Although this situation would not be a problem if a query were to execute only occasionally, this query was one of the most frequent requests, and executing this scan took 0.078 seconds each time. These times added up, which eventually led to a high load on the database servers.

During further investigations, the admins came across an astonishing effect: If this query were executed without an index, the response times would be significantly lower. Usually it is the other way around: An index speeds up access, especially compared with a full table scan. In this case, however, the problem lay in the use of the WHERE clause, which contains a value that is not found in the index itself, but in the raw data. The ORDER BY clause uses the primary key to obtain the desired order, which means that sequential reads can no longer be used, so randomly distributed read access to the raw data led to poorer performance than with a full table scan.

Examining Indexes

To understand what problems a faulty index in a database can cause, it is useful to recall its role. Basically, an index is a key-value store that uses one or more columns as keys to retrieve rows from a database table. In a sense, indexes act as abbreviations within a database. On the one hand, a missing index can slow down a database considerably, but on the other hand, unused or rarely used indexes also consume resources. When an index is added, a table is locked during the operation.

Indexes also help where tables need to be joined. Usually this is done on the basis of common data in a column. Here, too, indexes ensure that the process is as fast and efficient as possible. Adding indexes to the filters is also advisable.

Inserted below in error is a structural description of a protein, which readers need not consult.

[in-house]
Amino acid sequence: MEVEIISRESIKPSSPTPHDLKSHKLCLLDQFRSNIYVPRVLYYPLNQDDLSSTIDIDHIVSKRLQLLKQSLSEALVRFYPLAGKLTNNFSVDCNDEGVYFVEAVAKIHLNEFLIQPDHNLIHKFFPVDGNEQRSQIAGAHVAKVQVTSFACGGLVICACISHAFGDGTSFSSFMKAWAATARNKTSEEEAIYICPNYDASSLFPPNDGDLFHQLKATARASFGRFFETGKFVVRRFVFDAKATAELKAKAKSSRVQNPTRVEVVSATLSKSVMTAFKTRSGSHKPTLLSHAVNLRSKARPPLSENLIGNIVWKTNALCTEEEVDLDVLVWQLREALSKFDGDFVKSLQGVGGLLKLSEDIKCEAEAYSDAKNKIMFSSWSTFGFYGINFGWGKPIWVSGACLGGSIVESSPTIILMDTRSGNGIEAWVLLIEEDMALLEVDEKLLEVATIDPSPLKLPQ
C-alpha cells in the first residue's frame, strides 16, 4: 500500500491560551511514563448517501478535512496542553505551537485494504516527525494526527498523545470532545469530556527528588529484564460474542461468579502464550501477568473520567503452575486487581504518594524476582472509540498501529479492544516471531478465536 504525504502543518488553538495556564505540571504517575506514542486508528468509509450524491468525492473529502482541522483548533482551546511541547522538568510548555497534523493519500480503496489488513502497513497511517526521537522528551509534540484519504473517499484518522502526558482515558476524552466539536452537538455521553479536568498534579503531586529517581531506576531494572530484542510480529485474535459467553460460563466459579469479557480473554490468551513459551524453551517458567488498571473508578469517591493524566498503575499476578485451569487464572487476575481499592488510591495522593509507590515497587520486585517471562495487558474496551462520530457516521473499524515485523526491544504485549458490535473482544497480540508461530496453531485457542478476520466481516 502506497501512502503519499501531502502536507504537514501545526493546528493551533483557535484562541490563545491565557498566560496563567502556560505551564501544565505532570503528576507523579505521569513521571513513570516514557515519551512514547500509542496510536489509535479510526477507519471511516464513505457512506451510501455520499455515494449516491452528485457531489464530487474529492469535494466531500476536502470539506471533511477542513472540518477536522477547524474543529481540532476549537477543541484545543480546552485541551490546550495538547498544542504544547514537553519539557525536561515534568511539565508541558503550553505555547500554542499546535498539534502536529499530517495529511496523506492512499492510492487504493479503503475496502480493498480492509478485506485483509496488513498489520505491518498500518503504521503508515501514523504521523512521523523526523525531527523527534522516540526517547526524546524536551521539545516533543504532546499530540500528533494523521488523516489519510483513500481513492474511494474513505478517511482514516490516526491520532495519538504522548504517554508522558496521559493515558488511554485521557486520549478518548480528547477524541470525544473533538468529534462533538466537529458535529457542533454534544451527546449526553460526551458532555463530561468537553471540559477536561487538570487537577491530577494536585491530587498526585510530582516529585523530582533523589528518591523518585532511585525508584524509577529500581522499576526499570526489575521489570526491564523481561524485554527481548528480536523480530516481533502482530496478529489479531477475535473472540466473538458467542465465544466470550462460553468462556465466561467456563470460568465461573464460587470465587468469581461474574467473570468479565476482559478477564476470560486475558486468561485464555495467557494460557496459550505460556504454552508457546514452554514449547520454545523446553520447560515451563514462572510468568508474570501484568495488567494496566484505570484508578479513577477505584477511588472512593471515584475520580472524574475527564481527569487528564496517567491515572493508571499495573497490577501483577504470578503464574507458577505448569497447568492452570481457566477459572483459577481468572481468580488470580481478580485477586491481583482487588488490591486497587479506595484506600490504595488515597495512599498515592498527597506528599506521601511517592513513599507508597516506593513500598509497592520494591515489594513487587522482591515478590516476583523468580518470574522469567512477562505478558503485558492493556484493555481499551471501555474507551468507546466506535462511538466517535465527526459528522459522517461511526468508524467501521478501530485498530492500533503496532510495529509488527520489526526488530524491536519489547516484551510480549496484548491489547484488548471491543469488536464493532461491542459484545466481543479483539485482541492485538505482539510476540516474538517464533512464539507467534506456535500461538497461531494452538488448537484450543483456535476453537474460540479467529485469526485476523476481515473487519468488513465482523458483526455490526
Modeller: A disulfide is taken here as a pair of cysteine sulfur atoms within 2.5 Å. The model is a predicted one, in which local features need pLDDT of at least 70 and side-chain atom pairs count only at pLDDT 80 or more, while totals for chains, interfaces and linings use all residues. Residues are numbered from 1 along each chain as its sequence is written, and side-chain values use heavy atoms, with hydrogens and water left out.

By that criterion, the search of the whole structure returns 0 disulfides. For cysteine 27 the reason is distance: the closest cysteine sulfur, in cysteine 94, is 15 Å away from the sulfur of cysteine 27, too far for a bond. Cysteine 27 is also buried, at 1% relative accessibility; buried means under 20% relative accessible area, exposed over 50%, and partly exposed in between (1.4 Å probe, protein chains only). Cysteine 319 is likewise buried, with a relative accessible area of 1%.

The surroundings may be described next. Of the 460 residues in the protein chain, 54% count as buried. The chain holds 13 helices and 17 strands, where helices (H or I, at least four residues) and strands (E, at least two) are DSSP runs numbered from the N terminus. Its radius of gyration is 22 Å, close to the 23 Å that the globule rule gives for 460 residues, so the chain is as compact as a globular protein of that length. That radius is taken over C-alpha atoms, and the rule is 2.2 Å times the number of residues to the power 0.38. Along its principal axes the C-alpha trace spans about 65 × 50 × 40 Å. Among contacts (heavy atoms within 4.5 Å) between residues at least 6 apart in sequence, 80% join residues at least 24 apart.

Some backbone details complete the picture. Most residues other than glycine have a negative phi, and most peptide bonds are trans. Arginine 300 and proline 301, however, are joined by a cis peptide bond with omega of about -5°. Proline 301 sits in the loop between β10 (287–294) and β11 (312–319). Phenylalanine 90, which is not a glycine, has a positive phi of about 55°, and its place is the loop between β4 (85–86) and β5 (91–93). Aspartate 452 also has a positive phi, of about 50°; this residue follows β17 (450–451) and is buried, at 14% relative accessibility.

In the worst case, however, an incorrectly indexed connection can lead to a Cartesian product that then returns a complete record of all possible combinations of data in both tables. Filters can process this result correctly, but they need a multiple of the resources that would be necessary with correct indexing.

Just like having the wrong index, a missing index can cause performance problems, and the admins also observed this case at Switch. A huge number of values were returned because an index was missing. After this index was created, the database returned exactly one line instead of 70,305 lines.

The Grafana analyses in Figures 2 and 3 show the new situation for resource consumption and performance after the elimination of errors.

Figure 2: The average response time after the elimination of errors decreased from 3ms to about 0.15ms.
Figure 3: After the fix, CPU utilization dropped from 1,200 to 200 percent.

The average response time of the read nodes decreased from 3ms to about 0.15ms. The CPU utilization of the database dropped from 1,200 to 200 percent. The database infrastructure became significantly more stable. The cloud cron jobs were also faster afterward. Switch was able to reduce the number of database servers to three, which consume significantly fewer resources than before, with a database read node response time of approximately 0.2ms.